Abstract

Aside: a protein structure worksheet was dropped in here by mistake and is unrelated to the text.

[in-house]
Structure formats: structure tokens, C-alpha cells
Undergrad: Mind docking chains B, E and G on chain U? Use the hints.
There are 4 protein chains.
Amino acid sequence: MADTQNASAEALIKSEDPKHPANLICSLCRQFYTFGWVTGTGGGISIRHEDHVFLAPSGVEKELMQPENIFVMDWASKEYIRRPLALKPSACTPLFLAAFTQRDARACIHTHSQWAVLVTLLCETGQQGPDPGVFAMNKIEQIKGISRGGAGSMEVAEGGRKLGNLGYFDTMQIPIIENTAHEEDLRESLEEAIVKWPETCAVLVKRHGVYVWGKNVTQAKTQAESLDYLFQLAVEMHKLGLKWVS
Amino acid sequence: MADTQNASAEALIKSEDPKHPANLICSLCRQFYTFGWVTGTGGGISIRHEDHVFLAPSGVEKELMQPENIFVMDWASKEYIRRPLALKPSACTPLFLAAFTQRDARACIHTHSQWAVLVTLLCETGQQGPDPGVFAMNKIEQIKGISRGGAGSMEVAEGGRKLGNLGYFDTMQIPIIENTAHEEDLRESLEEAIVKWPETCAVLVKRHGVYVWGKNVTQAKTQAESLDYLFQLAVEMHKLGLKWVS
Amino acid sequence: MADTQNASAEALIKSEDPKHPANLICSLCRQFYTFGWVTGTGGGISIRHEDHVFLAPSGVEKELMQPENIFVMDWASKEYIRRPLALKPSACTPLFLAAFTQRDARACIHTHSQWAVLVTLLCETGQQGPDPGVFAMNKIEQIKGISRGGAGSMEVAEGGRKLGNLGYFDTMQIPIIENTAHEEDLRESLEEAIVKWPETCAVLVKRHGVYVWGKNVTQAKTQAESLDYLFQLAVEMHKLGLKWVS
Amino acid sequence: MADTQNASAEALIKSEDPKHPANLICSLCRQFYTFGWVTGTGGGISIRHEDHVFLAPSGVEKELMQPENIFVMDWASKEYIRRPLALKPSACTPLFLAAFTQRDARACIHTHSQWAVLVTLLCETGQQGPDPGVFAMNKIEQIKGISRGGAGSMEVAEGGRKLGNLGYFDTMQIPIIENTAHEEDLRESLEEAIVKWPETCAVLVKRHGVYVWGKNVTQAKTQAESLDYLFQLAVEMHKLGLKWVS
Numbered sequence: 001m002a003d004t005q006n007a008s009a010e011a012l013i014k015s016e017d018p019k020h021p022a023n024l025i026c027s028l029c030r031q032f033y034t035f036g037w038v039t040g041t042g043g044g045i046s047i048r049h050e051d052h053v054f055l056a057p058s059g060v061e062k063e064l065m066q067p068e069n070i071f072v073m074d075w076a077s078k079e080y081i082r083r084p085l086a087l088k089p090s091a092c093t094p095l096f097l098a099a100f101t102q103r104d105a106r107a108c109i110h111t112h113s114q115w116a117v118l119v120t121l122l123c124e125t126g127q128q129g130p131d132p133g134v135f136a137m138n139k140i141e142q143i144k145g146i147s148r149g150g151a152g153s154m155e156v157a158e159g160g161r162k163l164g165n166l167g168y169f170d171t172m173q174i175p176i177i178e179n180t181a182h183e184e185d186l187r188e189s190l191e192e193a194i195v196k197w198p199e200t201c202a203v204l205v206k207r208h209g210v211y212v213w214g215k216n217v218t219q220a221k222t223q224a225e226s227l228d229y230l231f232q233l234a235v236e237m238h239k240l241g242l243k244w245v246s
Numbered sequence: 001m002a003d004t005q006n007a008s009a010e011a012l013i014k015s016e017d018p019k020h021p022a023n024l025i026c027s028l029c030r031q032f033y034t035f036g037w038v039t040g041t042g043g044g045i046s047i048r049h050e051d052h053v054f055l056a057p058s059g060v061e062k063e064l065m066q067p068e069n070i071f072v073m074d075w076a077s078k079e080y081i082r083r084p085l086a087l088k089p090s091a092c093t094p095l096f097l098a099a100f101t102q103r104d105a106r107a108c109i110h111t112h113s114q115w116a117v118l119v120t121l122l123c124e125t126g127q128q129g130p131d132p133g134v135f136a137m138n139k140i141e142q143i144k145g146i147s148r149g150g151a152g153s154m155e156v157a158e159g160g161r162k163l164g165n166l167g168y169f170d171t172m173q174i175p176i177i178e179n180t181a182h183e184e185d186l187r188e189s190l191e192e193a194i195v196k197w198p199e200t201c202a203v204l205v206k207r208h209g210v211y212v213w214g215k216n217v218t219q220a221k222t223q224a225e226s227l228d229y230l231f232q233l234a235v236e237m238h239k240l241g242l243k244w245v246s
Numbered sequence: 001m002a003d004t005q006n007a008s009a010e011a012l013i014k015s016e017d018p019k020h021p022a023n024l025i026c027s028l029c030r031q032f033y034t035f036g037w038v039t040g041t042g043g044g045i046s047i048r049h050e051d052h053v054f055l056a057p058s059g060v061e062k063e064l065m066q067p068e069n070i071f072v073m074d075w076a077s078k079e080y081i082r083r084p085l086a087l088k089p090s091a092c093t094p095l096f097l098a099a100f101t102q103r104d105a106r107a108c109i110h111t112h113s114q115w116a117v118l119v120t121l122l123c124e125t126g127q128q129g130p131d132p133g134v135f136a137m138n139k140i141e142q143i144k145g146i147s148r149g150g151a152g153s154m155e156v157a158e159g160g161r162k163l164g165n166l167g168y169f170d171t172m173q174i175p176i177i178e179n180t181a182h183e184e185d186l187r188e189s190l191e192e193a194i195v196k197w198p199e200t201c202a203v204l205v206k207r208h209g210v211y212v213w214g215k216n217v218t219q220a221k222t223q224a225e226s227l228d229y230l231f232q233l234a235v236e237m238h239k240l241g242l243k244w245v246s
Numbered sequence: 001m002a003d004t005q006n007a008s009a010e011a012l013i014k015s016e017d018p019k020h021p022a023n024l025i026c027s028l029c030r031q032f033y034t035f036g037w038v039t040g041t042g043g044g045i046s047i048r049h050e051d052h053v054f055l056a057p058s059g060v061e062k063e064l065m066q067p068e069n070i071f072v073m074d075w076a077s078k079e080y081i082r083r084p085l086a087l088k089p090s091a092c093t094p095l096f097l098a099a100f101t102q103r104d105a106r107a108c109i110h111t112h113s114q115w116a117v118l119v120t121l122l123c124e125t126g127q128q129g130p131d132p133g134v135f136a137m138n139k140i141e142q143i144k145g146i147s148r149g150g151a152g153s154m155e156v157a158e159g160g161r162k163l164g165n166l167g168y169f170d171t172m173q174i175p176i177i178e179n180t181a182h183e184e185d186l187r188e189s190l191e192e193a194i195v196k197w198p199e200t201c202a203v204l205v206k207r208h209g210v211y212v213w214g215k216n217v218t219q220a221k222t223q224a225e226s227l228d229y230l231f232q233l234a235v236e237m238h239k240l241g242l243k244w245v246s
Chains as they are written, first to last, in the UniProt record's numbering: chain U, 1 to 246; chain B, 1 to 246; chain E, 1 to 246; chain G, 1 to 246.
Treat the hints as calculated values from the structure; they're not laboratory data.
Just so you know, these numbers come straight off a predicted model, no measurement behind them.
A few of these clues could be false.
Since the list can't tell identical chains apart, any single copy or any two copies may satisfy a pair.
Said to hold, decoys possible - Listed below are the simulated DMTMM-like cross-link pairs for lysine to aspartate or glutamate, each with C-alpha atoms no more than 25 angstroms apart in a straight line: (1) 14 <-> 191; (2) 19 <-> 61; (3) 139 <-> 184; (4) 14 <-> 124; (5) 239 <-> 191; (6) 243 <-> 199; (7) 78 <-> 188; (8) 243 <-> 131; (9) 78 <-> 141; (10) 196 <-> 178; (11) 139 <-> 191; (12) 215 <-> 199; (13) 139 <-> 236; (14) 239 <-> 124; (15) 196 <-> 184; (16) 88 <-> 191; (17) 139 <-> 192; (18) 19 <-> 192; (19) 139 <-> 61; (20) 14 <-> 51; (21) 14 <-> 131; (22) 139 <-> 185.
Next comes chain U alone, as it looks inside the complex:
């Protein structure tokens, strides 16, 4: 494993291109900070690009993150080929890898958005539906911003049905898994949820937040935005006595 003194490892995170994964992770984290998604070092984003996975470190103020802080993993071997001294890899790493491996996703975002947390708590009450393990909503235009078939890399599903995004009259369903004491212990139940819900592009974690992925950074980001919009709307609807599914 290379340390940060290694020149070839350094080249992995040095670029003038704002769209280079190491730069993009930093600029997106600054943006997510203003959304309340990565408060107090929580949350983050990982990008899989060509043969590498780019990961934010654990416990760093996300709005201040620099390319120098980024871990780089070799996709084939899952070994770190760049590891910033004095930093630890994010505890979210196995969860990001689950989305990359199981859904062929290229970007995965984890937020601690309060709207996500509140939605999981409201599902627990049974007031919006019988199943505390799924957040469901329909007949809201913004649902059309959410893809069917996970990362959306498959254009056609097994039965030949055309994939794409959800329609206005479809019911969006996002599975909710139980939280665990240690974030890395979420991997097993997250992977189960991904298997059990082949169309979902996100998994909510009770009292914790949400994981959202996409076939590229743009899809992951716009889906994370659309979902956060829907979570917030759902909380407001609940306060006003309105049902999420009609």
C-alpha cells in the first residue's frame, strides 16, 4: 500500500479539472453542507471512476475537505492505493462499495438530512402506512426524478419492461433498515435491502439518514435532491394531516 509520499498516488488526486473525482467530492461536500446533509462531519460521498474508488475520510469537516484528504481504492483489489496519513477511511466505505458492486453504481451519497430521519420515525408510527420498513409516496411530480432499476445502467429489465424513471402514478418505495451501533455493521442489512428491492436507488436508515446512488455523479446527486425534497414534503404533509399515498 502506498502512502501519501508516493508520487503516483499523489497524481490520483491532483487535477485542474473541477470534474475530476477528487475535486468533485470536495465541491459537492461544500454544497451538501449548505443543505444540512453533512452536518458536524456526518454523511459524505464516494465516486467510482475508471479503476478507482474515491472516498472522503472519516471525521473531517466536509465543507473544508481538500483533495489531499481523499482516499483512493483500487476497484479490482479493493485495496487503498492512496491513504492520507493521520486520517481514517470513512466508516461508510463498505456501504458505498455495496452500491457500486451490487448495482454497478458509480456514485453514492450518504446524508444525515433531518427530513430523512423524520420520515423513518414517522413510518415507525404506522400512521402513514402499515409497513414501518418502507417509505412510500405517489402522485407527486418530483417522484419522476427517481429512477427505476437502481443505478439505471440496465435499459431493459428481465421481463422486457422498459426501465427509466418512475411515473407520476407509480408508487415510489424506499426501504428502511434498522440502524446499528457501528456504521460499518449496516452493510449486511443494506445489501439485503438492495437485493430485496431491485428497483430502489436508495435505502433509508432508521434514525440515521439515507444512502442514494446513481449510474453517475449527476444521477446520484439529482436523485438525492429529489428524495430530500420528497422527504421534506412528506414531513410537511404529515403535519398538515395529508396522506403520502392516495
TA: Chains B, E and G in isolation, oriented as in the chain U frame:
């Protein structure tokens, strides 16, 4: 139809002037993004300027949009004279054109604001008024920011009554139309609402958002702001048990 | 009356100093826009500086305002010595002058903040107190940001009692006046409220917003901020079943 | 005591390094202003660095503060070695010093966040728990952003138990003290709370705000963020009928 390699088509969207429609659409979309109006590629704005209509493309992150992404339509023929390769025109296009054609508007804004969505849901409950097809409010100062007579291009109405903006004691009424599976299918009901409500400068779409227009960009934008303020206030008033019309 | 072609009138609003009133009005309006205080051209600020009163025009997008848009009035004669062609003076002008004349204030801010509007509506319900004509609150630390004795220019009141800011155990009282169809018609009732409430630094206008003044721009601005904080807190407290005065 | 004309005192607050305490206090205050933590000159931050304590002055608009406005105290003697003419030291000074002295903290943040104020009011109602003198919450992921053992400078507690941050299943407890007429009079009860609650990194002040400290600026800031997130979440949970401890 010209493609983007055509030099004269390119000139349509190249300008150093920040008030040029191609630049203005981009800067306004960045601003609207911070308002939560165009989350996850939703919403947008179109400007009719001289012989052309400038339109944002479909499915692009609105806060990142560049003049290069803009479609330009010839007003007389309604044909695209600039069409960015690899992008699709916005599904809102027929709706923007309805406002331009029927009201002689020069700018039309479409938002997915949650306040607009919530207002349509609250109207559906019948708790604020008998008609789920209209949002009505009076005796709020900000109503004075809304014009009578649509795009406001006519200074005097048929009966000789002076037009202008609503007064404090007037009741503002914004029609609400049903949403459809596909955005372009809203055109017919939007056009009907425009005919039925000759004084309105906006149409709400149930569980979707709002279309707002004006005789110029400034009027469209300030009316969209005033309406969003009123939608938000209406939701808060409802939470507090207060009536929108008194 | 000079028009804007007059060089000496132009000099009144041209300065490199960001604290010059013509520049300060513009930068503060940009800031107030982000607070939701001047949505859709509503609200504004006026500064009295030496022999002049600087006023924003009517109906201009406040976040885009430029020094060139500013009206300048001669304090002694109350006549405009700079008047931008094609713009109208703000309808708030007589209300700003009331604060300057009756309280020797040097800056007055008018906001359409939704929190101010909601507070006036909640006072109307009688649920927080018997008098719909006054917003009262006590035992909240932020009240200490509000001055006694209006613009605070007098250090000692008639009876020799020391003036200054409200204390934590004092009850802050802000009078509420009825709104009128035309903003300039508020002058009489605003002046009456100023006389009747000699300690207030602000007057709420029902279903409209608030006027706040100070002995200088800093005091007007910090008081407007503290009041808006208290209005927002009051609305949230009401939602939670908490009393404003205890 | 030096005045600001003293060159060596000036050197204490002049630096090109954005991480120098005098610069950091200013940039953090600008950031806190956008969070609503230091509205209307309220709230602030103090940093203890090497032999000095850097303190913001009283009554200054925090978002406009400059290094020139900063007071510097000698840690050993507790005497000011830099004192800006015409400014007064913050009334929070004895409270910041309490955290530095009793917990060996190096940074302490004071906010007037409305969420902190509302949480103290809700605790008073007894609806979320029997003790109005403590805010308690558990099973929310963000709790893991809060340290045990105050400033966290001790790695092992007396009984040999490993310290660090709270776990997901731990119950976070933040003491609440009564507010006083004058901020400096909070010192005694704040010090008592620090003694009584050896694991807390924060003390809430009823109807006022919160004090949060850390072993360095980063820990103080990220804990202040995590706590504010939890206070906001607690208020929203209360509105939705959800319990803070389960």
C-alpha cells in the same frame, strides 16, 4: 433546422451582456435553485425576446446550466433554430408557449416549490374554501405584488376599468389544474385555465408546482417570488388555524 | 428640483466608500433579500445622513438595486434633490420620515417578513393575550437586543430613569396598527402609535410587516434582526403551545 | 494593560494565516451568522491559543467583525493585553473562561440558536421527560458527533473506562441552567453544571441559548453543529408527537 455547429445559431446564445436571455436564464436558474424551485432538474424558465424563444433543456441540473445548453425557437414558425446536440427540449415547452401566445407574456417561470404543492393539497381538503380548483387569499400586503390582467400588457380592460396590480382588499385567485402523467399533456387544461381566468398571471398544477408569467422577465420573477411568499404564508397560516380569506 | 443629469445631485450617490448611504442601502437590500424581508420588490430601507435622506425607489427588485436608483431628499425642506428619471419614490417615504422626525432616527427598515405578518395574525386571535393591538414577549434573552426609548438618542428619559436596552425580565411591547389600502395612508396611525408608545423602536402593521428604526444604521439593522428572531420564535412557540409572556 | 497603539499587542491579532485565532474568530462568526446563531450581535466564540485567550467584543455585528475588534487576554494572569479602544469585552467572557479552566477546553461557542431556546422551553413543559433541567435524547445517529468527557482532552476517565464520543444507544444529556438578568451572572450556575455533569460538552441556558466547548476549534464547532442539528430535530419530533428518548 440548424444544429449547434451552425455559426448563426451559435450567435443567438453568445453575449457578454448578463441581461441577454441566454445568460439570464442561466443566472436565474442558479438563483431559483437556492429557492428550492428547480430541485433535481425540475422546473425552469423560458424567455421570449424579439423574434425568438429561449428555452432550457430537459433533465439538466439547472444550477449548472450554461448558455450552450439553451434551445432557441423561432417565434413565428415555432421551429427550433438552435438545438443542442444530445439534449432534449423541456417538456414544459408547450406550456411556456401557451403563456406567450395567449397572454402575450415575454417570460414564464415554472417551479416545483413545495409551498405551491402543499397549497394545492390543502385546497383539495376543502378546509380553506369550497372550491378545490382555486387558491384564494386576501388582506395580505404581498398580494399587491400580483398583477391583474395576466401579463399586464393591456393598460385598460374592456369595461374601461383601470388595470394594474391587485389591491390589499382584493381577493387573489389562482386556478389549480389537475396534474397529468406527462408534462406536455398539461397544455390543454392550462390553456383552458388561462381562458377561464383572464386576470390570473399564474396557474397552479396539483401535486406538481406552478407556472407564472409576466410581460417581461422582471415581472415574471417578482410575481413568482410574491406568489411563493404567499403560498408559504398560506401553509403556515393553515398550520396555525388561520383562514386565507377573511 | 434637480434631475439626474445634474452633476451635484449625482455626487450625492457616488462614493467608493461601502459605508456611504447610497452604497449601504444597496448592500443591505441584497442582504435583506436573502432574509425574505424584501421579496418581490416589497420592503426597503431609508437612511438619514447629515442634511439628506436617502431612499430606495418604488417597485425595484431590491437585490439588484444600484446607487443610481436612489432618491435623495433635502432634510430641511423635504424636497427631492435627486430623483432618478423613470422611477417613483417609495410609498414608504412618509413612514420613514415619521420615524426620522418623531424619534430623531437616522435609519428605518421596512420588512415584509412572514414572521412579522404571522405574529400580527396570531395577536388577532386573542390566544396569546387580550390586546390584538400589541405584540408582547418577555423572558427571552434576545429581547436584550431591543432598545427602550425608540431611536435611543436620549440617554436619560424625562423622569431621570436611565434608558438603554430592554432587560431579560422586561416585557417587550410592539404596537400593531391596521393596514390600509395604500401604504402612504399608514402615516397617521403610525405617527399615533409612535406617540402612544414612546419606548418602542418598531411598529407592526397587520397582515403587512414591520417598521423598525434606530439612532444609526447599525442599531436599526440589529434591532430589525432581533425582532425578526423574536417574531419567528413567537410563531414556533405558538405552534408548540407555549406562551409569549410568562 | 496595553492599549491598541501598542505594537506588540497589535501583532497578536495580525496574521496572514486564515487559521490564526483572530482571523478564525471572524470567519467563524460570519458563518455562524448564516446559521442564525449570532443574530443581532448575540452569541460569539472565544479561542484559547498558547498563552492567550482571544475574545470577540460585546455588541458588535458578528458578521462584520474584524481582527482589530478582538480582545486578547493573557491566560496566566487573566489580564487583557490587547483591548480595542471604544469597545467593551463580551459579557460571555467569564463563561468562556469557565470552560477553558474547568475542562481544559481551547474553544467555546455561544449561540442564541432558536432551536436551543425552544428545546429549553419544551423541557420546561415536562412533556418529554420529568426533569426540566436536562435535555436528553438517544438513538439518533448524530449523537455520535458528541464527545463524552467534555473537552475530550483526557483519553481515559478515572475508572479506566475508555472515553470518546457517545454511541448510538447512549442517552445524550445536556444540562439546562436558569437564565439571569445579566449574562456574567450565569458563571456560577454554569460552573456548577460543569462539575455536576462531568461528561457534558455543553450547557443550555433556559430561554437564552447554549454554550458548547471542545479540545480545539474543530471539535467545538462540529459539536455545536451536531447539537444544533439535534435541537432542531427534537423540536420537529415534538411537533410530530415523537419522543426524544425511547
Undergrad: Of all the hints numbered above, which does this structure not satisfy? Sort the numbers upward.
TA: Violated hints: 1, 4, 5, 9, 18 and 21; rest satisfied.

We have demonstrated the use of surface-enhanced Raman scattering (SERS) spectroscopy for the detection of the phenylalkylamines amphetamine and methamphetamine. This work can be viewed as the first phase of development toward a one-step drug detection method with a selective reactive coating on a SERS substrate. This work involves a fairly complicated coupling reaction prior to surface derivatization. Future efforts will be directed at creating a reactive coating directly on the surface. The amines were derivatized by a coupling reaction with 2-mercaptonicotinic acid (2-MNA) with the use of dicyclohexylcarbodiimide (DCC) as the coupling reagent to form the amide compounds AMNA [N-(1-methyl-2-phenylethyl)2-mercaptopyridine-3-carboxamide] and MMNA [N-methyl-N-(1-methyl-2-phenylethyl)-2-mercaptopyridine-3-carboxamide]. The amides were qualitatively identified from SERS spectra. Quantification of the amides was accomplished by adding the internal standard pentachlorothiophenol (PCTP) and measuring the intensity of Raman bands of the analyte relative to a Raman band of the internal standard. Calibration curves were plotted of the relative peak intensity ratios as a function of analyte concentration. Detection limits of 19 ppm and 17 ppm were found for amphetamine/2-MNA (AMNA) amide and methamphetamine/2-MNA (MMNA) amide, respectively.

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